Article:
CHOICE membership

MyHealth Record - Megathread


What can be expressed in words can be stored as text. As Google has demonstrated, marvellous things can be achieved, analysing text.

Of course, much medical information is in the form of images. That too is open to analysis.

We really don’t know what can be achieved. First, we need to decide on a direction. At present, the focus of My Health Record is still on cost-saving (or at least, not being seen to fail in cost-saving).


Hi folks,
We’d like to throw a big shout out to everyone who has commented here, it has been a very elightening and interesting hearing people share their throughts on the MyHealth issue.

We’ve received some feedback that the megathread that has formed here has perhaps reached a limit on it’s usability. While there’s no need to go over things that we’ve already covered, we’d also like to encourage some more detailed discussions on particular aspects on this issue, so if a news article comes up or there is a particular point you would like to discuss, we encourage you to start a new topic thread.

As a trial, we’re planning to close this megathread at midnight tonight (that should allow enough time to wrap up any ongoing discussions) in the hope it will generate more branches on this popular topic. At this stage, we plan to open the thread again in the event of a major update on the issue or as needed.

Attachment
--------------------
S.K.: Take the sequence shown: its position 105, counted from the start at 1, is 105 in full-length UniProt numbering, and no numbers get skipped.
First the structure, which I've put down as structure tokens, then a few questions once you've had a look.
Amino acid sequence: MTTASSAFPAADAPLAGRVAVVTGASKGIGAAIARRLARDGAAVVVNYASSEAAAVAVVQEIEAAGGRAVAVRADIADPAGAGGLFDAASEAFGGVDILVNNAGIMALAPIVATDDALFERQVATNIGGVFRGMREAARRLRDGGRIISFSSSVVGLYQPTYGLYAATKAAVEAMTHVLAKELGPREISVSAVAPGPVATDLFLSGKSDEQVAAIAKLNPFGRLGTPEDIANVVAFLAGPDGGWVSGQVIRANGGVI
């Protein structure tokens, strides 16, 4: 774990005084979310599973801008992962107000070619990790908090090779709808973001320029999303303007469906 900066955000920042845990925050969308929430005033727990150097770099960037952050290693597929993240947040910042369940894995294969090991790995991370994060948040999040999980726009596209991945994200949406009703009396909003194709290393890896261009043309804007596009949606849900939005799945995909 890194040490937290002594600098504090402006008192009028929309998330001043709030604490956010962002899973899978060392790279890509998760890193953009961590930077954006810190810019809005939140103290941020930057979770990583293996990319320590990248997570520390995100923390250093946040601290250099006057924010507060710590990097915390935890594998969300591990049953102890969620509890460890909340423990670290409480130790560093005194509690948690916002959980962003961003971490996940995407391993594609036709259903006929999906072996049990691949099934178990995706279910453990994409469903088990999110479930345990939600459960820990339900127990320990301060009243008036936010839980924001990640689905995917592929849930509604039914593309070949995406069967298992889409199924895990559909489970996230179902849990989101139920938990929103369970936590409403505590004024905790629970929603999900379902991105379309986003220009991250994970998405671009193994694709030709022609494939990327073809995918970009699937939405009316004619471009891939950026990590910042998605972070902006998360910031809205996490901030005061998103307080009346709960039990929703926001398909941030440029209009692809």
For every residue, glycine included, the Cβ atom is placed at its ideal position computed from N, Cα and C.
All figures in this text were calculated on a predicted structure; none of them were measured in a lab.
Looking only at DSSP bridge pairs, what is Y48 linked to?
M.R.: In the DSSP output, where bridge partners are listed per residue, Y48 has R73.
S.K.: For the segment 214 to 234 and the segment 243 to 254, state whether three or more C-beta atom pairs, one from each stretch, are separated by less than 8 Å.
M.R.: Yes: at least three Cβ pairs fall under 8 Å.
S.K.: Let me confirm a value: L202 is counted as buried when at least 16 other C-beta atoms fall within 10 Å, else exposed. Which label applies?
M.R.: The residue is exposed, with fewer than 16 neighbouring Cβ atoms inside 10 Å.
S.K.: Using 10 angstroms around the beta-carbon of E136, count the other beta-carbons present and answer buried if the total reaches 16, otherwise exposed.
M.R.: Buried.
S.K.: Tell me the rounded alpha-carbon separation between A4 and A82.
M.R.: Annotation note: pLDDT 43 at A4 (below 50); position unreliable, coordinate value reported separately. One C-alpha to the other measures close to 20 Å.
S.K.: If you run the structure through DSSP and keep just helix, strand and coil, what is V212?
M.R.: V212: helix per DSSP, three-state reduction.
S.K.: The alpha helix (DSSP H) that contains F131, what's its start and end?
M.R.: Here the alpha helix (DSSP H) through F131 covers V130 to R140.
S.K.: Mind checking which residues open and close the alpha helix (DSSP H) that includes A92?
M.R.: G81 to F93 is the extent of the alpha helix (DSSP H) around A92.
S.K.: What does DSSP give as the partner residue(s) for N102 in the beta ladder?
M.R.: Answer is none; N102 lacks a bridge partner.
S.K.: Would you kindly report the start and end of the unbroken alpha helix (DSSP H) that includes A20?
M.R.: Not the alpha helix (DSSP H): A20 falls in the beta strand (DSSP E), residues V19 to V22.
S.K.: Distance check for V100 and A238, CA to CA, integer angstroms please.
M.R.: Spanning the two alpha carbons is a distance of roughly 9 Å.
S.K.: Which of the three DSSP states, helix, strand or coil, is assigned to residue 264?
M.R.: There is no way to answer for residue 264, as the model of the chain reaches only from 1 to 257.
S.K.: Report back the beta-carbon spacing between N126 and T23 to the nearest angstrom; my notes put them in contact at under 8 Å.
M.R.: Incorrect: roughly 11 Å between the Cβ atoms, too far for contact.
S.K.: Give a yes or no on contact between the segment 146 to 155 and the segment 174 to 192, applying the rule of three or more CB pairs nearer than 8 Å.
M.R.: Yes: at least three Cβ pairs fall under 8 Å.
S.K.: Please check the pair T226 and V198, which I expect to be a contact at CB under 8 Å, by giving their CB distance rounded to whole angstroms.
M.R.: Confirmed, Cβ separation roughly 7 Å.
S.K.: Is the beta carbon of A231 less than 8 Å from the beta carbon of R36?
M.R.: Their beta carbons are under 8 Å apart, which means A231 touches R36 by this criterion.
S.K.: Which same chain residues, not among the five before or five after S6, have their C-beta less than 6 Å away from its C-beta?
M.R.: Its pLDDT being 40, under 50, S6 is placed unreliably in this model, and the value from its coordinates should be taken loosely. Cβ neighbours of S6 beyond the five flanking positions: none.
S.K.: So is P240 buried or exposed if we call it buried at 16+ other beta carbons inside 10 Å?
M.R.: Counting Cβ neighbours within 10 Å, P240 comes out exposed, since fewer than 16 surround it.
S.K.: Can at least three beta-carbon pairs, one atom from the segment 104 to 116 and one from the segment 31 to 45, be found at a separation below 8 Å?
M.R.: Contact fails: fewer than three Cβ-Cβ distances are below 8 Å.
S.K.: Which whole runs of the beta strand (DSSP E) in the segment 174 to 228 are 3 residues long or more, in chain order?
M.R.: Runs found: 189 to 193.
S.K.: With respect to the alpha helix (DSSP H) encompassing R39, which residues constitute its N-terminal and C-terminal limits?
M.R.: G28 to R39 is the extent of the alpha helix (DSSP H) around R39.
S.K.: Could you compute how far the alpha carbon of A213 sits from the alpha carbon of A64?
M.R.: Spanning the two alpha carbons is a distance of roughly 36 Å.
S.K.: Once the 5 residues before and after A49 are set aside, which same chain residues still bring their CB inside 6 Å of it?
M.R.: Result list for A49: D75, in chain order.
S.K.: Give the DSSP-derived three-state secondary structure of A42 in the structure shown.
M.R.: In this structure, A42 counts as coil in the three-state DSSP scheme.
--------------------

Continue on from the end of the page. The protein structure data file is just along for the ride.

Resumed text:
We’re still receiving and open to feedback on the approach, so feel free to share your thoughts either in direct message to me or via the site feedback category.


How do we bring to your attention an update on the issue? (so that you can decide whether it is major) or will we be relying on your becoming aware of it for yourself?

In my view the major updates would be a) any relevant legislation being passed by the parliament (this is expected to occur, probably this calendar year) b) any change to the default-in date (currently Jan 31, 2019) c) the default-in date arriving.


Given that the opt-out period is to end on 31 January, this topic should probably reopen no later than 1 January.

closed #385

This topic was automatically closed after 7 hours. New replies are no longer allowed.


Thanks for the suggestion @n3m0, we’ll certainly take it on board.


An article claiming that the My Health Record software is out of date and that other countries have abandoned it.